The 7 Essential Questions of Plot — Do You Ask Them?

Welcome to Techie Tuesday here at More Cowbell!

This is the day each week when I unleash my inner geek and we talk about some groovy piece of technology or a technical point of writing. Today I’m going to share a few writing resources I think you’ll like.

I adore Inky Girl, Debbie Ridpath Ohi. She does gems like this in her Will Write for Chocolate series:

InkyGirl.com ~ (c) All Rights Reserved

InkyGirl.com ~ (c) All Rights Reserved

She also introduces me to amazing writing teachers like Martha Alderson. Martha wrote a book called the Plot Whisperer and here is how Inky Girl reviewed it:

I should EVER be this talented! InkyGirl.com (c) - All Rights Reserved

I should EVER be this talented! InkyGirl.com (c) – All Rights Reserved

As a bonus for you, Linda Joy Myers at Memories and Memoirs, interviewed Martha Alderson and here is a quick excerpt from her amazing article:

For each scene, ask yourself the seven essential questions of plot:

1. Does the scene establish the date and setting?

2. How does it develop the character’s emotional makeup?

3. Is the scene driven by a specific character goal?

4. What dramatic action is shown?

5. How much conflict, tension, suspense, or curiosity is shown?

6. Does the character show emotional changes and reactions within the scene?

7. Does the scene reveal thematic significance to the overall story?

I originally came across this article because I write memoir, and it was fascinating to look at the story from Martha’s more objective point of view:

Memoir writers think they know the plot because they already know “what happened.” Can you talk about this issue a bit—is that way of thinking useful or should they revise their attitude toward plot.

Plot embodies quite a bit more than more than just what happens in the memoir or a sum of the events. Plot is how the events in the story of your life directly impact the main character or the protagonist, in other words, you.

Always, in the best-written memoirs, the protagonist is emotionally affected by the events of the story. In great memoirs, the dramatic action transforms the protagonist. This transformation makes a story meaningful.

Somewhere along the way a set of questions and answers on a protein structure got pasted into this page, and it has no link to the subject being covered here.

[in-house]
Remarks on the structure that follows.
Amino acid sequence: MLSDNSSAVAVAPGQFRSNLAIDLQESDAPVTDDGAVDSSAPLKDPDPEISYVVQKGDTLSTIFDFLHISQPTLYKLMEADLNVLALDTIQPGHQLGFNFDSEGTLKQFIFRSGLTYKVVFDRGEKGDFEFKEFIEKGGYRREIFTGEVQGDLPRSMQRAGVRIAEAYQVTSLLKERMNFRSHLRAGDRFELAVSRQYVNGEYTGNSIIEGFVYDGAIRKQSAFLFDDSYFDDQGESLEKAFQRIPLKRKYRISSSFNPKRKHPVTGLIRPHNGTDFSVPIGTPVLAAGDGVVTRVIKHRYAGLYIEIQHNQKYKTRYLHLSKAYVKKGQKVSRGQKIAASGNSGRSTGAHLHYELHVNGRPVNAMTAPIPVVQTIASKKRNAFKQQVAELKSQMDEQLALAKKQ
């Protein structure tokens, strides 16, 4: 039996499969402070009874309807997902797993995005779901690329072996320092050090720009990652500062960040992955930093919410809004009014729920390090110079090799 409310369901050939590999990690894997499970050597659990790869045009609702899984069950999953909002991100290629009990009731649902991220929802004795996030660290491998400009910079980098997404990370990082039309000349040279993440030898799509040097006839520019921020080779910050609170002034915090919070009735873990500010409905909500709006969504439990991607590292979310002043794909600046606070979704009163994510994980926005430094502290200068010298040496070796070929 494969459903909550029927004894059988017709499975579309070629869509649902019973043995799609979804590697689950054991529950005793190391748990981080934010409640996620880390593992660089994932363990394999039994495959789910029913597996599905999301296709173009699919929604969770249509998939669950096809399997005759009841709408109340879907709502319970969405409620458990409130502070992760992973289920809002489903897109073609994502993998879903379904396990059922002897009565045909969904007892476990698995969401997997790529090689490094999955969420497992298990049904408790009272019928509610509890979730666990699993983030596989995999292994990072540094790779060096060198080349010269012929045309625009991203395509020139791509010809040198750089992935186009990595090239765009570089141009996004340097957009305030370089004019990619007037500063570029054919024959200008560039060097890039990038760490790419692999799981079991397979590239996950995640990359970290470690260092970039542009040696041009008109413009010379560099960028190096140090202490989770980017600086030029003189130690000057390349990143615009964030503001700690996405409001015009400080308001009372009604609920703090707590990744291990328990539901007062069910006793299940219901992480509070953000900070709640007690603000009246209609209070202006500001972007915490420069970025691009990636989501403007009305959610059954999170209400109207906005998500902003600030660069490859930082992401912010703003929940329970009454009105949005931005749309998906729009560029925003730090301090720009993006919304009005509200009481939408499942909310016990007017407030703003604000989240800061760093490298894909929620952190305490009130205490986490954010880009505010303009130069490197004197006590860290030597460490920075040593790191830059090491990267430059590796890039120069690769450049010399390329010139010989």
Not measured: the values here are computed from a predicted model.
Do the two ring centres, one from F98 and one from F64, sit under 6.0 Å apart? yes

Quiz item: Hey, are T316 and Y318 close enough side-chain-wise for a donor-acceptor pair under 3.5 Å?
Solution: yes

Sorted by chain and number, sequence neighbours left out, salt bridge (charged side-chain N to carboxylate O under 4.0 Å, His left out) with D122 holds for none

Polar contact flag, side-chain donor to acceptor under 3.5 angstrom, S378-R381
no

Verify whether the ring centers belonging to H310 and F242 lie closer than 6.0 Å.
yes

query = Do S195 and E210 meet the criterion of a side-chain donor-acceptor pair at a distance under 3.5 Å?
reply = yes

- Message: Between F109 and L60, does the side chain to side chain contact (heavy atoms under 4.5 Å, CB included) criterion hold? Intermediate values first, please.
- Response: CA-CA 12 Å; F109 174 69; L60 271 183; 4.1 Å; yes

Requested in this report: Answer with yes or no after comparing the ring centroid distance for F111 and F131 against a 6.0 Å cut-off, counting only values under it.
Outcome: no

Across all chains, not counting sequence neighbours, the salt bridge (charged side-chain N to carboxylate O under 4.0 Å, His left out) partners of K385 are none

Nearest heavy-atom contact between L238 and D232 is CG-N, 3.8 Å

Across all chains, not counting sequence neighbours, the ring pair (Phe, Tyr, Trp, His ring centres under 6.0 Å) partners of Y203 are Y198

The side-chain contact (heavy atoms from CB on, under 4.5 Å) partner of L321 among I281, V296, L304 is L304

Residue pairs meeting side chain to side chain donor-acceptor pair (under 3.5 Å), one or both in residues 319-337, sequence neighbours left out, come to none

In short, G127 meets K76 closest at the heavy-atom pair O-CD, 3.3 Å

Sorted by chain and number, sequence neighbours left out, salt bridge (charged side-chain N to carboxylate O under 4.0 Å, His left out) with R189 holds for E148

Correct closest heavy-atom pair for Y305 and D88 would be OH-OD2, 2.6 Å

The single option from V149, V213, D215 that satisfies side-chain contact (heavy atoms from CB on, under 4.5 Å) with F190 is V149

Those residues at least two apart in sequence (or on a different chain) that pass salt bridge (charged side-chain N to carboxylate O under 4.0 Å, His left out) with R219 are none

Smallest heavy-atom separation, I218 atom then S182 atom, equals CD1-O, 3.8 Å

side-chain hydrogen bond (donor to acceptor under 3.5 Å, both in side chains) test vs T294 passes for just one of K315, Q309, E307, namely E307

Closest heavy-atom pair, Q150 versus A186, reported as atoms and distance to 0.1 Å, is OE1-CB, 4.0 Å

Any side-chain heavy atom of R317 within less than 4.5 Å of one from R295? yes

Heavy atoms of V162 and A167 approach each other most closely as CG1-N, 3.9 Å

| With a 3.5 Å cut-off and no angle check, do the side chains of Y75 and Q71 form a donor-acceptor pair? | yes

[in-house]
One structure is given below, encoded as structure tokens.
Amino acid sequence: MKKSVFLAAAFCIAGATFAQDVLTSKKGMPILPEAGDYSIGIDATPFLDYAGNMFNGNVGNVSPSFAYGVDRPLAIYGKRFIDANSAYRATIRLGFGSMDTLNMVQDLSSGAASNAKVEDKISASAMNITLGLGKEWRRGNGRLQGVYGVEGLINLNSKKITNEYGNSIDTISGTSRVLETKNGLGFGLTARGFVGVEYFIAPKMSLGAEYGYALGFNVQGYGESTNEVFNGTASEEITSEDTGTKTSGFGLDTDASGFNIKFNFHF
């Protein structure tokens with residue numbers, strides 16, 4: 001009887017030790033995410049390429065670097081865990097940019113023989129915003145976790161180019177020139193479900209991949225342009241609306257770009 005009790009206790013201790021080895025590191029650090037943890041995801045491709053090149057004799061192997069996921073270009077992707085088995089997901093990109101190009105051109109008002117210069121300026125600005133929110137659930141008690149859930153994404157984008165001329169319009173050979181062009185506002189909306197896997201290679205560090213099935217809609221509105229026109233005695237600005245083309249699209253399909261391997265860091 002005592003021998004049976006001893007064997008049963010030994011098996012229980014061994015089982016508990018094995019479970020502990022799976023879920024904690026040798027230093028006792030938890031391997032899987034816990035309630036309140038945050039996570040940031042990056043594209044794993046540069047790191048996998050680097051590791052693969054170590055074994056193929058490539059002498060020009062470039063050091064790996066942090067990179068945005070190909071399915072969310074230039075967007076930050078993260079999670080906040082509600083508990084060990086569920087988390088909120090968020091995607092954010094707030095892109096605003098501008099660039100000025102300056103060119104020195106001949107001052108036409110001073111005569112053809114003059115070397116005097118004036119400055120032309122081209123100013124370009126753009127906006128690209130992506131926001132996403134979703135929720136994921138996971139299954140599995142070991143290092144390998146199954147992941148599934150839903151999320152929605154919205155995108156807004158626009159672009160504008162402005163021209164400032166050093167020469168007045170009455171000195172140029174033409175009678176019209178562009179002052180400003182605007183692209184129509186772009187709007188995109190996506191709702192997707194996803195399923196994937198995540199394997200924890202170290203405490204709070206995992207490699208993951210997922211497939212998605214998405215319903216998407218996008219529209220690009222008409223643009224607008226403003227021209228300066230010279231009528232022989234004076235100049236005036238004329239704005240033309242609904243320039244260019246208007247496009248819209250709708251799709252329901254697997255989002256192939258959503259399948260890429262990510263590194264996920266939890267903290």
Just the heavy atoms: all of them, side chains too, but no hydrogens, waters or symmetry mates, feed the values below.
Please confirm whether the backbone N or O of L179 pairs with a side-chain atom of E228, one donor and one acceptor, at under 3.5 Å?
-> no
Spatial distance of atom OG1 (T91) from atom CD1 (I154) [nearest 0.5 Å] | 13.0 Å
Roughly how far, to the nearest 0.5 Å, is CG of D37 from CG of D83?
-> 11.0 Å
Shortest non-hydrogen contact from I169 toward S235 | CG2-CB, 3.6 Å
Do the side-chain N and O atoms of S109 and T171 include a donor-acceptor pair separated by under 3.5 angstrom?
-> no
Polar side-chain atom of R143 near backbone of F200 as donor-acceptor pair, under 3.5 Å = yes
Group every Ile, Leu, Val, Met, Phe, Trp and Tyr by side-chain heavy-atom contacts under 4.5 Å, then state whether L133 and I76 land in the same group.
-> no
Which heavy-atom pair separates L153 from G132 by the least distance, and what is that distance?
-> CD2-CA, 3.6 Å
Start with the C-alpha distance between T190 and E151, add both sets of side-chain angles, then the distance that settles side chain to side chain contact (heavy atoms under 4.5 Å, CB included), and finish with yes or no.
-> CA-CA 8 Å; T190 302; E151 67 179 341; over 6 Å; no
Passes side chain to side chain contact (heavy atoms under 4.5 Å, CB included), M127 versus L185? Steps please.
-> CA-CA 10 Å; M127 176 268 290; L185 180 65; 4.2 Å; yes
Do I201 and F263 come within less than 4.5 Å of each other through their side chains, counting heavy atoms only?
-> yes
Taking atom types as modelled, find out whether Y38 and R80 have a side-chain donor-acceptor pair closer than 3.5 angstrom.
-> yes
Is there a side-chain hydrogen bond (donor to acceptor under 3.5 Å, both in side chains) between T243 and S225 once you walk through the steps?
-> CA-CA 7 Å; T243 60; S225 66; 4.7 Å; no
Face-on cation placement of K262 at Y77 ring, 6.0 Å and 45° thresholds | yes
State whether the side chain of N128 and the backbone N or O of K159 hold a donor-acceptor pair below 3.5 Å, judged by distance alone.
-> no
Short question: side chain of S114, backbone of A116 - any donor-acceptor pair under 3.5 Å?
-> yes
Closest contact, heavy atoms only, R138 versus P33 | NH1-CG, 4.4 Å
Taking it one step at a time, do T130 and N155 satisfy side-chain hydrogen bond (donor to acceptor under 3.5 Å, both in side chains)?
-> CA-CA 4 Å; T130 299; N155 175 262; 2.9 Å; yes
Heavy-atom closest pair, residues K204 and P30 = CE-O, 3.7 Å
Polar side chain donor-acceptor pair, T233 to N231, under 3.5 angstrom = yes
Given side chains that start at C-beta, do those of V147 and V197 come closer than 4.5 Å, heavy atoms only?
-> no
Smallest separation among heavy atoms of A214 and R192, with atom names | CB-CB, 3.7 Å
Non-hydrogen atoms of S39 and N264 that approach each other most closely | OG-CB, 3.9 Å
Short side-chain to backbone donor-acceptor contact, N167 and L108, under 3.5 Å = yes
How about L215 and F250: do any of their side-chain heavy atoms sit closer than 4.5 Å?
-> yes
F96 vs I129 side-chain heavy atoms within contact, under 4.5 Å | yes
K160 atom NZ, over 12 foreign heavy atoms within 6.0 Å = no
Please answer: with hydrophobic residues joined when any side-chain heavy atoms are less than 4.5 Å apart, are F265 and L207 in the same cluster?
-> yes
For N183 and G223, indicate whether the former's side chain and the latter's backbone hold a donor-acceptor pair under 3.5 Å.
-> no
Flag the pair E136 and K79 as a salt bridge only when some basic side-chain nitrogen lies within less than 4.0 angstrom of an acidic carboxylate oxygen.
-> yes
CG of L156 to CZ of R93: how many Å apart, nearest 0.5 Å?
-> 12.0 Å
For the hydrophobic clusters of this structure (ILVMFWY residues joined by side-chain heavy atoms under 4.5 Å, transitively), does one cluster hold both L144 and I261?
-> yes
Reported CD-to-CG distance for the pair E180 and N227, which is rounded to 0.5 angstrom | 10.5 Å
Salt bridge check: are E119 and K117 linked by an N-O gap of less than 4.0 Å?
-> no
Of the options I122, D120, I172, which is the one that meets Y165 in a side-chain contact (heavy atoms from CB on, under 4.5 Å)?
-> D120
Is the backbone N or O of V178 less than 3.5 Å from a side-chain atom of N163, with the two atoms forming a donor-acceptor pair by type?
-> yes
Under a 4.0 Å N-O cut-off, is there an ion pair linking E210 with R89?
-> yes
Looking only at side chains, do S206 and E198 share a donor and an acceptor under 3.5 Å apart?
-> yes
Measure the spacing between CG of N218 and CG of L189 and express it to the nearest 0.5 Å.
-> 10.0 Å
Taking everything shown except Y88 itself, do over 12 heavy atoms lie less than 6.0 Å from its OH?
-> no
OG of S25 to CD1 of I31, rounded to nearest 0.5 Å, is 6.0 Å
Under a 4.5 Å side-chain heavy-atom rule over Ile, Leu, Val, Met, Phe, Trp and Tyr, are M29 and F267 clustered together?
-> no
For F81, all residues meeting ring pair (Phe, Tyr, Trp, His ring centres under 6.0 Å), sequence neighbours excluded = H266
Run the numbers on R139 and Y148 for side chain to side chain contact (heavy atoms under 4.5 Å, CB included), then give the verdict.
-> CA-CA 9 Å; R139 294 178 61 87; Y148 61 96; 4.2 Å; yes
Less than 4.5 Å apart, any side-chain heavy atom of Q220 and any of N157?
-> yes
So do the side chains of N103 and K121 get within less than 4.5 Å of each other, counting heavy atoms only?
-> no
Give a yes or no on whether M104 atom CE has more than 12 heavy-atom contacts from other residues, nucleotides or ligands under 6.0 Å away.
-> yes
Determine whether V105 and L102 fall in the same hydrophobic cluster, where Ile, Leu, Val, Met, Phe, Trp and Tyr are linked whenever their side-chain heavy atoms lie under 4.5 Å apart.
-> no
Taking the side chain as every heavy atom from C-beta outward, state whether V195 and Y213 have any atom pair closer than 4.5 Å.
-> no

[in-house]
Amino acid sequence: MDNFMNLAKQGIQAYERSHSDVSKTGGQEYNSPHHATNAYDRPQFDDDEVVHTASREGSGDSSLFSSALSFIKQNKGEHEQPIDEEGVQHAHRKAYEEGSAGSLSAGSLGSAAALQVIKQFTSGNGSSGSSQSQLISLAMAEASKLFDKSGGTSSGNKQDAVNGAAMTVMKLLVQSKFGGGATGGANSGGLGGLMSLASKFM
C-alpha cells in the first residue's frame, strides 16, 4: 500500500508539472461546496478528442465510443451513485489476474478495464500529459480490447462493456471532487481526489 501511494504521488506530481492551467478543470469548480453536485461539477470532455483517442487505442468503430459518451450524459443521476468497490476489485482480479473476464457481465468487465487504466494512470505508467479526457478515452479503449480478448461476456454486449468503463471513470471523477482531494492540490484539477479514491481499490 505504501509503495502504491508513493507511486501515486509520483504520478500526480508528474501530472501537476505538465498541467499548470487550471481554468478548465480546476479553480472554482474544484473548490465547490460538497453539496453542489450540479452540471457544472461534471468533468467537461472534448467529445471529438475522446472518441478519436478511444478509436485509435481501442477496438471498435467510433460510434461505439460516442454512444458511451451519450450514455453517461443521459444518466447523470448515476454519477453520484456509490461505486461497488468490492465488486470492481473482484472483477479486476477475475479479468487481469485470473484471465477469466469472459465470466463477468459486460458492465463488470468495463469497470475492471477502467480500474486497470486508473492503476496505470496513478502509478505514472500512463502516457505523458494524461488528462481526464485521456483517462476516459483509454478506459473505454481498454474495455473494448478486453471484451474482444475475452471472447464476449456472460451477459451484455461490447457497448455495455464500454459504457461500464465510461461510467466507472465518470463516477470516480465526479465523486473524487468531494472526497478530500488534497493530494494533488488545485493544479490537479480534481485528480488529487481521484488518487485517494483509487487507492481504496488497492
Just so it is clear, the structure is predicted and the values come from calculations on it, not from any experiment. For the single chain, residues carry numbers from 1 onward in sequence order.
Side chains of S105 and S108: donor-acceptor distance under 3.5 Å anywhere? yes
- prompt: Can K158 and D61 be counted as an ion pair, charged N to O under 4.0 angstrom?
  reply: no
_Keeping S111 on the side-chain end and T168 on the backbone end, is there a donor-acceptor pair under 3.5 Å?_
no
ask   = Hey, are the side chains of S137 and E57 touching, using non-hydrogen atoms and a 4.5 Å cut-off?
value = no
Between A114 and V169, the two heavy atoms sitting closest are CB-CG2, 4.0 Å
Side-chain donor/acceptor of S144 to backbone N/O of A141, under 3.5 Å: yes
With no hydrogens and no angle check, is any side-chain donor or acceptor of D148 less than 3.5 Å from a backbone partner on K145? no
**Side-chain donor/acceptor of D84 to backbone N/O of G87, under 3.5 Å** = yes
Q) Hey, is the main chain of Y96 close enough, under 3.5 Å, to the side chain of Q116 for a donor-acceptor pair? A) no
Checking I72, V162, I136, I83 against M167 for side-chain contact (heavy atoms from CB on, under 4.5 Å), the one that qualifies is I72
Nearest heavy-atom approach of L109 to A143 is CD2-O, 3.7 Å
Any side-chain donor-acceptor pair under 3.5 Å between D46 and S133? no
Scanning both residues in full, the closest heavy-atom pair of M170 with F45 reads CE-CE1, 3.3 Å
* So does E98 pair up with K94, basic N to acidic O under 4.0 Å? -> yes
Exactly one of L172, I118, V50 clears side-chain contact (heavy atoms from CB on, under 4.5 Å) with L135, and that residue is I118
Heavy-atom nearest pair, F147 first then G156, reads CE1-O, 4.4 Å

Keep in mind that, yes, you lived the story and the story comes through you. However, when you decide to write that story down, you turn from the one who experienced the events to that of a writer. Your job, then, is to present what you have lived in a pleasing and meaningful form to the reader.

This takes setting yourself aside and means opening your mind to receive the greatest good of the story.

I don’t know about you, but that last sentence lights me on fire.

Note: If you’d like to read the rest of the article (and I recommend you do), click here. You can also find The Plot Whisperer on Amazon.

Last, but not least, I’m also a huge fan of Lisa Cron who wrote Wired For Story. (Here’s a kickass article of hers titled Why Good Writers Sometimes Give Bad Advice.)

What books, bit of knowledge or writing instructor has lit you on fire lately? Is there some other question you ask, besides the seven above? What are you working on right now? Enquiring minds LOVE to know these things here at More Cowbell!

Jenny

About Jenny Hansen

Avid seeker of "more"...More words, more creativity, More Cowbell! An extrovert who's terribly fond of silliness. Founding blogger at Writers In The Storm (http://writersinthestormblog.com). Write on!
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25 Responses to The 7 Essential Questions of Plot — Do You Ask Them?